Anyway, as I played the Cake version of the song for my daughter, I came to a very solid conclusion: The band did something pretty miraculous. They turned a '70s disco anthem about a woman's survival into a pretty great rocking tune. Not only does it sound good but it also keeps the survival message strong. I'm really impressed that it works so well. Apparently, there is some controversy concerning this version though. Some critics feel the band's snide-sounding vocals are making fun of the song. I totally disagree. I think that sneering attitude is fitting for the lyrics. It's true, it's not a "woman" song anymore, but I think it still carries the same "FU" message. In comparison, take Eric Clapton's own reworking of his emotion-drenched classic "Layla," which he turned into an acoustic waltz. It may sound OK, he totally cut the balls out of the tune. There's no angst anymore. If the idea of covering a song is to give a new perspective without losing the meaning of the original, Cake's version of "I Will Survive" is damn-near perfect.
To my friends Karen and Jeff, this song's for you.
Listen to Cake's version HERE.
Below, YouTube videos: Gloria Gaynor's original, followed by Cake's.

May 2, 2008

Jackie Greene rocks

He bounds onstage, and you think to yourself: Can this tiny wisp of kid with the crazy hair really deliver the goods? Well, I'm here to tell you, yes. (The picture above doesn't do him justice, but the one to the left is really what you see most of the night.) Jackie Greene can do it all: He plays a mean guitar (see clips below), also plays keys, harmonica, and has an amazingly soulful voice. Who is he? For those who don't know his story it goes something like this. He's from the Sacramento area and has built a name there on his guitar-playing. His new album, "Giving up the Ghost," is more singer-songwriter than guitar monster, but categorizing him doesn't do him justice. He's recently found success and a new following as a guitarist for Phil Lesh (yes, Deadheads, that Phil Lesh), which gives him new cred among jam-banders.
As for the show last night, Greene moved easily between guitar and keys, and his songs were built on great guitar solos that were thankfully precise, to the point and not overbloated jam-band affairs. His own tunes "Ball & Chain" and "I Don't Live in a Dream," to name a few, really came off well. He did a couple of Dead tunes -- "Sugaree," as an encore -- but he did them his way, turning them into rockers with little Dead influence. In all, it was an eye- and ear-opening experience.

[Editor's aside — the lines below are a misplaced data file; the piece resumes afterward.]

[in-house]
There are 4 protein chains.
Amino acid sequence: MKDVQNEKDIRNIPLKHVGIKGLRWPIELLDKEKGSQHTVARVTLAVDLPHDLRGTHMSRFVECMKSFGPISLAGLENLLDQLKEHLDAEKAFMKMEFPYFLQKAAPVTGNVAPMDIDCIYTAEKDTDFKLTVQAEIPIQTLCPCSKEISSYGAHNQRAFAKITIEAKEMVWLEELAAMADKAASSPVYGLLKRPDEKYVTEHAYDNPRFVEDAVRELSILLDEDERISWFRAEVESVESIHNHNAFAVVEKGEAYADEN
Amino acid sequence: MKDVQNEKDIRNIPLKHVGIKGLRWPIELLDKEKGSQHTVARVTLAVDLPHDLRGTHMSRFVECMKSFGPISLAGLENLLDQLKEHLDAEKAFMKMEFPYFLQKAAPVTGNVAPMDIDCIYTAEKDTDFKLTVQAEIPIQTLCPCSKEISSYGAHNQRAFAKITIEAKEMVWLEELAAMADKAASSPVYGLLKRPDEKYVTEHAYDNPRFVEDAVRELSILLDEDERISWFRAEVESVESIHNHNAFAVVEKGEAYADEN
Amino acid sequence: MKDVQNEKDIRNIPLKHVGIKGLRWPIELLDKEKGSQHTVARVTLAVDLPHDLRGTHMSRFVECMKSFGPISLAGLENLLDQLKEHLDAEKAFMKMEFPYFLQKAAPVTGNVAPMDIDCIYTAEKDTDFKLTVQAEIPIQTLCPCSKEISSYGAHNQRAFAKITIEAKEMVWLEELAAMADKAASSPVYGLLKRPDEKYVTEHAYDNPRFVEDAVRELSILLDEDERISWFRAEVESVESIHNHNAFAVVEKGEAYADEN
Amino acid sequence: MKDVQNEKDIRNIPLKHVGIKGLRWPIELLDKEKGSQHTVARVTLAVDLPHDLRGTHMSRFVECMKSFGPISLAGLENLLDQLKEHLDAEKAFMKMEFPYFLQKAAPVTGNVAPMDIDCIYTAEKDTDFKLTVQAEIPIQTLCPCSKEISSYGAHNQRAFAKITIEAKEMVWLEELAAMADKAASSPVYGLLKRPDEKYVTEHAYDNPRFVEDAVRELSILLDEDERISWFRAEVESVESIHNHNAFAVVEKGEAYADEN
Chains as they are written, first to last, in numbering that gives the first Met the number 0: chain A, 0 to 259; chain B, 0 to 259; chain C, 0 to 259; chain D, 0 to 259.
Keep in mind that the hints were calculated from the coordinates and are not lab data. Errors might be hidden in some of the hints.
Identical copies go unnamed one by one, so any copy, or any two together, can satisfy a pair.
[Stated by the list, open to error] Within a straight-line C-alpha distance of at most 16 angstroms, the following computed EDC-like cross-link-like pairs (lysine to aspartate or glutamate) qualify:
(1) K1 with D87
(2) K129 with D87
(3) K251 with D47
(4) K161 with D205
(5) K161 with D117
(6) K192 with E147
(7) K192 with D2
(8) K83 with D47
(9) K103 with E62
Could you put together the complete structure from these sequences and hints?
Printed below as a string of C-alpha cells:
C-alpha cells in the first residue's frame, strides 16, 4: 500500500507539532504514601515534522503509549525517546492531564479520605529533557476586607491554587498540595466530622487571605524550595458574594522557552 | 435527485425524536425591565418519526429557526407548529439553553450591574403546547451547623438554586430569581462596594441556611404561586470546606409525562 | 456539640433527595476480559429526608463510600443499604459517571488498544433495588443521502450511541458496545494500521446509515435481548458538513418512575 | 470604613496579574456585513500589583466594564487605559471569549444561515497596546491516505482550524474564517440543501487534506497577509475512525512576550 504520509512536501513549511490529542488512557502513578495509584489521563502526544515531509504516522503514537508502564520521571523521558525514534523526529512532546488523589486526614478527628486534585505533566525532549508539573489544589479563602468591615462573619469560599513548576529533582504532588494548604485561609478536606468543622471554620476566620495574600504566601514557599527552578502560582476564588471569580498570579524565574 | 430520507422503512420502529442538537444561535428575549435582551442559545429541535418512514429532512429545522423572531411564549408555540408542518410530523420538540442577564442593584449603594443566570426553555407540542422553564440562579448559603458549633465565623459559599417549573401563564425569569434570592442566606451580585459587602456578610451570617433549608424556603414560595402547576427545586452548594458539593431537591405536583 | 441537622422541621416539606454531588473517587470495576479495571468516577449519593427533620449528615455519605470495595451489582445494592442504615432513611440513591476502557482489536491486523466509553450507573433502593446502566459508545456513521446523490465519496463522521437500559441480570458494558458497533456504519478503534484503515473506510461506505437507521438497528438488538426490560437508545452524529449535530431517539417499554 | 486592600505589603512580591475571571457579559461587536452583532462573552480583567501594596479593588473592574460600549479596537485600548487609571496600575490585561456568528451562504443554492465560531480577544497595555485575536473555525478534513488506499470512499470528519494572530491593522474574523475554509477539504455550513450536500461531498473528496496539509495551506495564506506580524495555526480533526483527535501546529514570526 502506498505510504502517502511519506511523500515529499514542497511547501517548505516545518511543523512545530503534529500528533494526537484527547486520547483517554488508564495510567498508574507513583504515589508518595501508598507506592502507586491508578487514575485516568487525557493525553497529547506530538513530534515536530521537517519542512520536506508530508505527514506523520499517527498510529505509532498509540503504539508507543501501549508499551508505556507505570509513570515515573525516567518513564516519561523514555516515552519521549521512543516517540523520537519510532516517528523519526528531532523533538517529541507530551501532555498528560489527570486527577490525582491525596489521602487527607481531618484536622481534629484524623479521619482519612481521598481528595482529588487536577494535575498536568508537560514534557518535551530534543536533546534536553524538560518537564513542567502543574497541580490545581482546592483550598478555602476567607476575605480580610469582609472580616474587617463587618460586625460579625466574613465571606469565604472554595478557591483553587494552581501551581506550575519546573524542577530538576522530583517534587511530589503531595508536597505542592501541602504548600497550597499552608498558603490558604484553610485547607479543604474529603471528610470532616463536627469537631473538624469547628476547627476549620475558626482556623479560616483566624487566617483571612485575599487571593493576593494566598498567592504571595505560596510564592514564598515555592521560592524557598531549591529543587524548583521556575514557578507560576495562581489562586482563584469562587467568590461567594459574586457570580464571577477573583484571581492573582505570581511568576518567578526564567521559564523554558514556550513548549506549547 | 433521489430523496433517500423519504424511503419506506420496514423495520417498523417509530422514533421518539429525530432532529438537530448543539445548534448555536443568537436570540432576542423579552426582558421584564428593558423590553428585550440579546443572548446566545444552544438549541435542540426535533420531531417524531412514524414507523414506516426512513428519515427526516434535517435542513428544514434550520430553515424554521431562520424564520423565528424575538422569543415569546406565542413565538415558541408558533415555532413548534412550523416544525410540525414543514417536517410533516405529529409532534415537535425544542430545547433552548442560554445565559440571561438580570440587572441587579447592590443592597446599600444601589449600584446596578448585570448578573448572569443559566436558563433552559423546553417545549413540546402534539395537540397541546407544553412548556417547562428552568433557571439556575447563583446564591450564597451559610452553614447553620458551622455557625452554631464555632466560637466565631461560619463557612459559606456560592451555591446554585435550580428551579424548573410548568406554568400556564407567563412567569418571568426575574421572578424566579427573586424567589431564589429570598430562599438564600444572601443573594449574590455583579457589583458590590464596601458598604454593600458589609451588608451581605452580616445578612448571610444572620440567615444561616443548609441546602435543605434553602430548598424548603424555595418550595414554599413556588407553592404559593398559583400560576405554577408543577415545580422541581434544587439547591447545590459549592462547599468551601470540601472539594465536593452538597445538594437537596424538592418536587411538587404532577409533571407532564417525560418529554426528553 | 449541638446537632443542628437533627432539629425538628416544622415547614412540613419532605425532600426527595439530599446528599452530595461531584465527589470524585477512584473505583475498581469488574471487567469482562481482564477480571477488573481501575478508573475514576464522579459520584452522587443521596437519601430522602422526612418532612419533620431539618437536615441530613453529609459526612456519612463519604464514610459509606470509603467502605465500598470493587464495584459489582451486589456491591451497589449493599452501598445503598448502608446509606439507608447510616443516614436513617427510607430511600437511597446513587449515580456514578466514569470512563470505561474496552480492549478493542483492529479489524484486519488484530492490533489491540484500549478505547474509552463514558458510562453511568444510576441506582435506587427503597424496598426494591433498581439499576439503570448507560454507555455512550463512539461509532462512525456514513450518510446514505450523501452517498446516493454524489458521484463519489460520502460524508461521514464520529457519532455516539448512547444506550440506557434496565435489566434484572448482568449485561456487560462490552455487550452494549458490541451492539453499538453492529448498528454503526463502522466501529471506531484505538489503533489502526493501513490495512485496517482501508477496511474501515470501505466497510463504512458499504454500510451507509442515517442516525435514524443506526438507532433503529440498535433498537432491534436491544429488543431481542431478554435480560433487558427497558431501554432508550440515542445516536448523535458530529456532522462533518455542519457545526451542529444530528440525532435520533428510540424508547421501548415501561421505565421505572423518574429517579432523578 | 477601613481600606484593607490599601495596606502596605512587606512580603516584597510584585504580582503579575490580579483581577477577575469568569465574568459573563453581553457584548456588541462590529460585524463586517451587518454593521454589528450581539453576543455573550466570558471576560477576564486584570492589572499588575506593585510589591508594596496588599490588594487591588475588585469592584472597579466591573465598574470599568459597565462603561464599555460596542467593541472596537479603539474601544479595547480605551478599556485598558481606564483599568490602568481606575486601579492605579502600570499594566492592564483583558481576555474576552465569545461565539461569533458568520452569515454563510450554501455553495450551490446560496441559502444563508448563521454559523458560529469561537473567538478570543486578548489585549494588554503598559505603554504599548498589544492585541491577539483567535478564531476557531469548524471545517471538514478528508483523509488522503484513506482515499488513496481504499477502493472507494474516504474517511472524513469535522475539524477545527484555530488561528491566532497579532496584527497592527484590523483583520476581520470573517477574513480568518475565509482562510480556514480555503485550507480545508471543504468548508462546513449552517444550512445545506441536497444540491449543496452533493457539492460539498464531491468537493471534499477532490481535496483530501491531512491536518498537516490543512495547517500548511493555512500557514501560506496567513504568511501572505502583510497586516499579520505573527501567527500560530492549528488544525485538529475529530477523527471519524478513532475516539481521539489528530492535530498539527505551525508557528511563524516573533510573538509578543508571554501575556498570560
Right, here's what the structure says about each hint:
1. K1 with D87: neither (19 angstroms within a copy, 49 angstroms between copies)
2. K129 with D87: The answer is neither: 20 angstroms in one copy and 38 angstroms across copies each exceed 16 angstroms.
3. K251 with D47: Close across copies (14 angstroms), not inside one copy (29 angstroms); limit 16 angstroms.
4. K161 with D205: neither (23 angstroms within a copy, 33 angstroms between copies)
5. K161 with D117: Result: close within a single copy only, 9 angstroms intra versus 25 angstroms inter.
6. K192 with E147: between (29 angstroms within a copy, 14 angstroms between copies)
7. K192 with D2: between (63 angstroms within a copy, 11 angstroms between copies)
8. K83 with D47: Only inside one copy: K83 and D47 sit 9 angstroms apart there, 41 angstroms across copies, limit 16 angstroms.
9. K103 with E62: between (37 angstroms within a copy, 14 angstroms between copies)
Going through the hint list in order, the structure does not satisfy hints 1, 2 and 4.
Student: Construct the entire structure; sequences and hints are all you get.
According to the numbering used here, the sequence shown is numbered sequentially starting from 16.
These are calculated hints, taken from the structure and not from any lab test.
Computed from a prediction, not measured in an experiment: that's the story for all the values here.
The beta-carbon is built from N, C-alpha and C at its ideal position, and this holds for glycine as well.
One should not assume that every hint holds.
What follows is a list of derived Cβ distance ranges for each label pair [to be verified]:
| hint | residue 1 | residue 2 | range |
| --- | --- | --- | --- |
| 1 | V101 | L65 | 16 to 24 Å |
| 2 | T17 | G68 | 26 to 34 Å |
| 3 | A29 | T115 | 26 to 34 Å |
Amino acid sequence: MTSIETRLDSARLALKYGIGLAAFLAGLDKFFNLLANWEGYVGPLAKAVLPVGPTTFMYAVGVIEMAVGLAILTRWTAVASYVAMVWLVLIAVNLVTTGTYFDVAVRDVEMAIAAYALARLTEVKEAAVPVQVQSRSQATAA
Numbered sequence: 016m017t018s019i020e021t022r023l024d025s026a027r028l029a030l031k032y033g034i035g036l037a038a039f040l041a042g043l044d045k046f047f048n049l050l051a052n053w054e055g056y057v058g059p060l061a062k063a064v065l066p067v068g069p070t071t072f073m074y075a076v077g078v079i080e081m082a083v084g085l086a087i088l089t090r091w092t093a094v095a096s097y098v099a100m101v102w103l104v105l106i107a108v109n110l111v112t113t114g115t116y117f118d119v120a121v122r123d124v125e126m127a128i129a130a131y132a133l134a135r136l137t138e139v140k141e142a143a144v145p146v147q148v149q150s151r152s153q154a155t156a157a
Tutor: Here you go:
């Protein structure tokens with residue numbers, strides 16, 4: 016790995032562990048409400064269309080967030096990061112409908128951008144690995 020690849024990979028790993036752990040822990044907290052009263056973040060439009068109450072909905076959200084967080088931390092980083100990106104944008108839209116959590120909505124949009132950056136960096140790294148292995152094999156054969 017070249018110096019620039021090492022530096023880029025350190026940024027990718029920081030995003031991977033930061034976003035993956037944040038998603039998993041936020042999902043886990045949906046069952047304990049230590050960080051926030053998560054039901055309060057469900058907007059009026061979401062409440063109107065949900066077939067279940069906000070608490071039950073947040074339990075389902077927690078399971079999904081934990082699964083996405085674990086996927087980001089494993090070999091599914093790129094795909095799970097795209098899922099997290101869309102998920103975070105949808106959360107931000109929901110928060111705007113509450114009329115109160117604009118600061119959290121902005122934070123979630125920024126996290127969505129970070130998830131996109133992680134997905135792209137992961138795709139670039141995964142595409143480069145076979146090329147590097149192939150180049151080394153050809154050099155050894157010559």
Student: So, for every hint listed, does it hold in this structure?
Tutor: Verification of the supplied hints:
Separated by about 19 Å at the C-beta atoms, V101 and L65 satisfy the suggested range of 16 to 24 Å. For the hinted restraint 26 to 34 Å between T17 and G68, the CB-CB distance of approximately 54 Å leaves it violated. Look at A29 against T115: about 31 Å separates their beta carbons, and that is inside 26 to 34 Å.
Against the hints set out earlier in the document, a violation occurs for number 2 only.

A clip of one of his guitar solos is below. For other clips, click HERE and HERE.

May 1, 2008

Rumors, remixed

Hey, here's a cool remix of Josh Ritter's "Rumors" by John Dragonetti of the Submarines. Totally fun. The link to the "Rumors" remix is HERE.
By the way, check out the Submarines new album "Honeysuckle Weeks." It's also really great. Below is the short review I wrote in the latest issue of Modern Acoustic (click HERE to for free download of the magazine.)

Blake Hazard and John Dragonetti, known as the Submarines, are an interesting pair. Their last album, “Declare a New State,’’ was written separately during their breakup and recorded when they got back together. They have since married and have a new album, “Honeysuckle Weeks,’’ due in May. The album, which explores the ins and outs of love (naturally!), is full of playful beats, electronic accents and chiming guitars. Tracks worth hearing include “You, Me and the Bourgeoisie” (she sings “Love can free us from all excess, from our deepest debt/ ’cause when our hearts are full, we need much less), and “Swimming Pool,” in which Hazard’s voice just pops out of the speakers.